Salvador Contreras Balderas (Universidad Autónoma de Nuevo León), Jennifer Hales


United States

Major Habitat Type

Xeric freshwaters and endorheic (closed) basins

Drainages flowing into

Gulf of California

Main rivers to other water bodies

The ecoregion contains fragmentary or small basins, running from Río Sonoyta to Río Mayo. The large central basin is Río Yaqui (this does not include the headwaters east of the Sierra Madre that were former tributaries of the Río Grande).



The ecoregion spans most of the Mexican state of Sonora from the Gulf of California to the west to the Sierra Madre Occidental to the east, the Río Colorado and Río Gila to the north, and the Río del Fuerte to the south. This coastal ecoregion consists of several disjunct regions in southern Arizona, most of Sonora, and a small portion of eastern Chihuahua. Isla Tiburón is also part of this ecoregion.


The topography ranges from extensive plains to elevations over 2700 m asl in the Sierra Madre Occidental. The northern extent of the ecoregion is defined by the series of mountain ranges, including the Gila, Cabeza Prieta, Sierra Pinta, Comobabi, and Baboquivari in Arizona. The Continental Divide forms the eastern limit of the ecoregion. Much of the bedrock is comprised of granite and gneiss, with areas of volcanic origin. The largest volcanic mountain is Pinicate Peak. The ecoregion is also noted for the Gran Desierto in northwestern Sonora, the most extensive desert dune system in North America.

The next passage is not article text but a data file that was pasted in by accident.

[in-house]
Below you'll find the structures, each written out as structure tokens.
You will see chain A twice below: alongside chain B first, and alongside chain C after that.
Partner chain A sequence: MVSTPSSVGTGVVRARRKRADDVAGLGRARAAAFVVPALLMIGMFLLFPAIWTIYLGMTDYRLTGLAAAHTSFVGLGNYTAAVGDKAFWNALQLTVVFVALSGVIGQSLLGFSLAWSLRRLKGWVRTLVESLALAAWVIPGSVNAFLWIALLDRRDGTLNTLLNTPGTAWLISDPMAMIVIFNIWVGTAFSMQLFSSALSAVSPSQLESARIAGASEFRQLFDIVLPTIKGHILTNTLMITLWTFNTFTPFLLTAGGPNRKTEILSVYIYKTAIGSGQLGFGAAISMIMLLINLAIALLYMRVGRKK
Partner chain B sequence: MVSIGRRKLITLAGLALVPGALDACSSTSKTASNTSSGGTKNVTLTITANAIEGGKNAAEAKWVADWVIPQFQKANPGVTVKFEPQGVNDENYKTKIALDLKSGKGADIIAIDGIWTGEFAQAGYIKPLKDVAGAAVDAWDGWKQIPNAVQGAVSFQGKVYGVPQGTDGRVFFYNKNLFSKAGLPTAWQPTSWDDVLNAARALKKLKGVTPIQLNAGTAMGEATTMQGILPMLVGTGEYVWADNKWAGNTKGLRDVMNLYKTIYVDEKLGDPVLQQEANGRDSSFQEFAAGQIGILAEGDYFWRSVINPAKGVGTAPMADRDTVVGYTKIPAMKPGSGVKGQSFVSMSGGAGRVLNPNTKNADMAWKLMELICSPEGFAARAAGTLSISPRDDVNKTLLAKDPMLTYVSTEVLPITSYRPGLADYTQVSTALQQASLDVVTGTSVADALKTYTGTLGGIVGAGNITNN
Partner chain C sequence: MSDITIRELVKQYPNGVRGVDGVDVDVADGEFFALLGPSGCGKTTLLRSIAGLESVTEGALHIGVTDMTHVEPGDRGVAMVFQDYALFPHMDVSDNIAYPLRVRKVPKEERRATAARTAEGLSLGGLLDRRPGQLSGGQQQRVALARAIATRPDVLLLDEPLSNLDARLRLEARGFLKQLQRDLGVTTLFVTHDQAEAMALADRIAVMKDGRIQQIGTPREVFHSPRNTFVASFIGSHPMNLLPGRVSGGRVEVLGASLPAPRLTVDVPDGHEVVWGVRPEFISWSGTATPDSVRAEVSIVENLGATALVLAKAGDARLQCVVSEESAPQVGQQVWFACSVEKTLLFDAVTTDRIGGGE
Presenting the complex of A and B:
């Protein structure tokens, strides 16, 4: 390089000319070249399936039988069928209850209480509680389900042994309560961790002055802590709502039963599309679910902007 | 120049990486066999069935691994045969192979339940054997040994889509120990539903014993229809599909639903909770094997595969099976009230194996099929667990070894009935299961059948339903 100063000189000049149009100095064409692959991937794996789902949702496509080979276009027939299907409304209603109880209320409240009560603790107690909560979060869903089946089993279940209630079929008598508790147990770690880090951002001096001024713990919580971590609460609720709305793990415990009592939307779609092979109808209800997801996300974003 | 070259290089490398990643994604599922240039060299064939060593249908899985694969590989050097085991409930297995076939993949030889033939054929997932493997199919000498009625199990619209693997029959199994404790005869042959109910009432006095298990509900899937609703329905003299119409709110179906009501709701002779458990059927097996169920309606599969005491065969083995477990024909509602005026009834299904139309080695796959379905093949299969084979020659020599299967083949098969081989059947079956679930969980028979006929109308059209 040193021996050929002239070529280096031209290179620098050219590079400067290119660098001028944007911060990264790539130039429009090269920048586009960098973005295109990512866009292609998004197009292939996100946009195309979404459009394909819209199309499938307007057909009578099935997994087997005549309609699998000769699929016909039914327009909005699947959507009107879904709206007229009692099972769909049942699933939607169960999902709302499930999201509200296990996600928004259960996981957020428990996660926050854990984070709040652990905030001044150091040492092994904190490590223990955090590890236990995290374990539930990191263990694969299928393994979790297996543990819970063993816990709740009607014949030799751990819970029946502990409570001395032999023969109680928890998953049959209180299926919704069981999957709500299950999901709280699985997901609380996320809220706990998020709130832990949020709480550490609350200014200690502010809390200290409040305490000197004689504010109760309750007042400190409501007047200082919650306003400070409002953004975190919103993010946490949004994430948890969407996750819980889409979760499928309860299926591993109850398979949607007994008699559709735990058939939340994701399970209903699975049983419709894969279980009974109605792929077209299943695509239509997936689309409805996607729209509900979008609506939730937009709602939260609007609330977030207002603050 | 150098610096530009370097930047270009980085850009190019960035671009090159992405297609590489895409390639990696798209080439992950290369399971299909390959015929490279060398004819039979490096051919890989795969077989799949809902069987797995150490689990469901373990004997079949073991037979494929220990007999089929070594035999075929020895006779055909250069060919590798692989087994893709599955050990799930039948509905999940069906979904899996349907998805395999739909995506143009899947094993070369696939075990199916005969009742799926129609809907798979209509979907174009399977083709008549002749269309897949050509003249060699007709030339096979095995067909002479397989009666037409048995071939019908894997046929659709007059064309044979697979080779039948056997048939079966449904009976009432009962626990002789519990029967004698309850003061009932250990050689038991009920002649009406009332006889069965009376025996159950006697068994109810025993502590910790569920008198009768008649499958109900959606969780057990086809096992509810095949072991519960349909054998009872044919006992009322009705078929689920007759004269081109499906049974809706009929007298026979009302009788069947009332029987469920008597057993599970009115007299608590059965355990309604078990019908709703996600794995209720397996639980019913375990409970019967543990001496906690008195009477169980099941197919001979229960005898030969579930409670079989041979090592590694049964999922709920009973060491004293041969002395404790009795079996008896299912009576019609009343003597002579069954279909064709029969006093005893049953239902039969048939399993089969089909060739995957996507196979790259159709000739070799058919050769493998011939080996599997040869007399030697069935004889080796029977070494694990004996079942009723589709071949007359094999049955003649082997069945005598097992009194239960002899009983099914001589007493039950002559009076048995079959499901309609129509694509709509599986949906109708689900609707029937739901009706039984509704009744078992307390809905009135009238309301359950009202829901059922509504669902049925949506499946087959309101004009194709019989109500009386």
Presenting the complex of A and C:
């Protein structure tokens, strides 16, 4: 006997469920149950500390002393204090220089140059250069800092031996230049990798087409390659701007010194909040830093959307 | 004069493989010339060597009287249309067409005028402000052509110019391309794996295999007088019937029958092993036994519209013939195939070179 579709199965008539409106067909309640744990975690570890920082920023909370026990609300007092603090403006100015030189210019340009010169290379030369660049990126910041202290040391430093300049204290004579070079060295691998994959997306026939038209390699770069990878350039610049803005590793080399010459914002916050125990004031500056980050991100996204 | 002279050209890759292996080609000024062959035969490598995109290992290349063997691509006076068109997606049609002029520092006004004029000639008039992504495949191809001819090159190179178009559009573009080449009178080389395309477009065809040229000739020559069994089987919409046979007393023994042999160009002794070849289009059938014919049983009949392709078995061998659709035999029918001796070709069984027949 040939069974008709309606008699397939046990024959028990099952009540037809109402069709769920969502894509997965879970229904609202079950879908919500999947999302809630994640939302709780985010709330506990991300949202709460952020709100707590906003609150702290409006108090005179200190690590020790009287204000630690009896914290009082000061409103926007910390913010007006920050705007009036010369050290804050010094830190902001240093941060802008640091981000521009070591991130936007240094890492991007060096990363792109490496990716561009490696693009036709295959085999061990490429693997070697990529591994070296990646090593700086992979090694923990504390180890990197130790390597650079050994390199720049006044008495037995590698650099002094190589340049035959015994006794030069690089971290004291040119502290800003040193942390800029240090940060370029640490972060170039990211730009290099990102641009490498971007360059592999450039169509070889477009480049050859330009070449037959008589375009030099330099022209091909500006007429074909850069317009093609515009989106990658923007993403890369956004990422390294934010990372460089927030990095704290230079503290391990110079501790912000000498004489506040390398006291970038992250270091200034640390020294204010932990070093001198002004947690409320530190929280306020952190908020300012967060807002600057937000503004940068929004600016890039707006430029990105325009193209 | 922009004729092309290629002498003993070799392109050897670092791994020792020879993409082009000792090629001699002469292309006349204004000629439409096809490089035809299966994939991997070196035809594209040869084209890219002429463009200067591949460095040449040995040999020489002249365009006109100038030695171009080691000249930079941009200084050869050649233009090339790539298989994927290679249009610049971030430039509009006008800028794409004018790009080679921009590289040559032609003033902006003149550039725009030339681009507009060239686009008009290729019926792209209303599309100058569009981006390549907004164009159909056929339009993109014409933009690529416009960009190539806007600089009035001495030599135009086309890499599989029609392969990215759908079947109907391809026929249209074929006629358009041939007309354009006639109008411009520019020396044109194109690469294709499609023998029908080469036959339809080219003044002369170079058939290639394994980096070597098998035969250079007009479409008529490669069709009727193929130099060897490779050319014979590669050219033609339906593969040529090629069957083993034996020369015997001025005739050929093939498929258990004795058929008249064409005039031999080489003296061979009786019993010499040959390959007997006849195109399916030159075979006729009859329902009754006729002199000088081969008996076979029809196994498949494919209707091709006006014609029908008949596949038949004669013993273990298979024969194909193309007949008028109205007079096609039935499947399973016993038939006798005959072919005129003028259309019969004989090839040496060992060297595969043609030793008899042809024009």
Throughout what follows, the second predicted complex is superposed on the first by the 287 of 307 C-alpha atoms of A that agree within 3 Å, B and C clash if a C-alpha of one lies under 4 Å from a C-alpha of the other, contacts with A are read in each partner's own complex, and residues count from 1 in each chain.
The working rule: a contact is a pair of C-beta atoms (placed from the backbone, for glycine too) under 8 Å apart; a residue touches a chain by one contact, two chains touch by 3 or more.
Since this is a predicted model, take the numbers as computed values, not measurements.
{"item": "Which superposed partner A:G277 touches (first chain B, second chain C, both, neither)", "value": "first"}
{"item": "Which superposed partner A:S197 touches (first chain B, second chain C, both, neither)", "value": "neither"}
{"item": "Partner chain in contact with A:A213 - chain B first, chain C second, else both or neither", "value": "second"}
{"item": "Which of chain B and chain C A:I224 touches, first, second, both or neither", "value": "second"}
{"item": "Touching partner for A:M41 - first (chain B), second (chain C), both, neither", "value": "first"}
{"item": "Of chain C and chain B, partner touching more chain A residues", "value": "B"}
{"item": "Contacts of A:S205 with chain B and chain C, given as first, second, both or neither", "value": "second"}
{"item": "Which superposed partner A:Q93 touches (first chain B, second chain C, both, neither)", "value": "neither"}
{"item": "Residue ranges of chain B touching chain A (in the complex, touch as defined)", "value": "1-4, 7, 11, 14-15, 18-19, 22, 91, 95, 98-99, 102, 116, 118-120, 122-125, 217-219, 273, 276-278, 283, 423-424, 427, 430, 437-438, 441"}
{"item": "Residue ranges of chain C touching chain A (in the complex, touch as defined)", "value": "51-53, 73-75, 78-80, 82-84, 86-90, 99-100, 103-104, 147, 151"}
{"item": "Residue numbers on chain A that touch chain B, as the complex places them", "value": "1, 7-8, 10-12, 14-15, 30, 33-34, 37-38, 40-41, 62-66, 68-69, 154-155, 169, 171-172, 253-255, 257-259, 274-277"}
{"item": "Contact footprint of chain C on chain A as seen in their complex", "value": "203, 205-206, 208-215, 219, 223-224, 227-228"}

Freshwater habitats

Freshwater habitats include high mountain streams and creeks, usually with boulder, gravel, or sandy bottoms. Silty lowland small streams also occur.

Terrestrial habitats

Ironwood and bristebush form the dominant desert scrub communities within the interior of the ecoregion. Other notable species include organ pipe and Saguaro cacti, the latter of which reaches its southern limit near Hermosillo. Along the coast sparsely vegetated communities with copal, torchwood, cardón, ironwood, palo verde, mesquite, and ocotillo, are common. The coast also contains a high degree of plant species endemism.

Description of endemic fishes

Species that are strictly endemic to the ecoregion include the Opata sucker and desert chub. Other species that are near-endemic include the Sonora chub, Sonora sucker, headwater livebearer, Gila topminnow, blackstripe livebearer, green guapote, Sonoyta pupfish, and Mexican roundtail chub.

Justification for delineation

Ecoregion delineations were based on qualitative similarity/dissimilarity assessments of major basins, using the standard administrative hydrographical regions of the Mexican federal government.The delineation of this ecoregion was based on species endemism as well as speciation in Poeciliopsis, where females give birth only to females, although incorporating genes from available Poeciliopsis males.

Level of taxonomic exploration

Poor in the mountainous region of the upper Río Yaqui, below the plateau.


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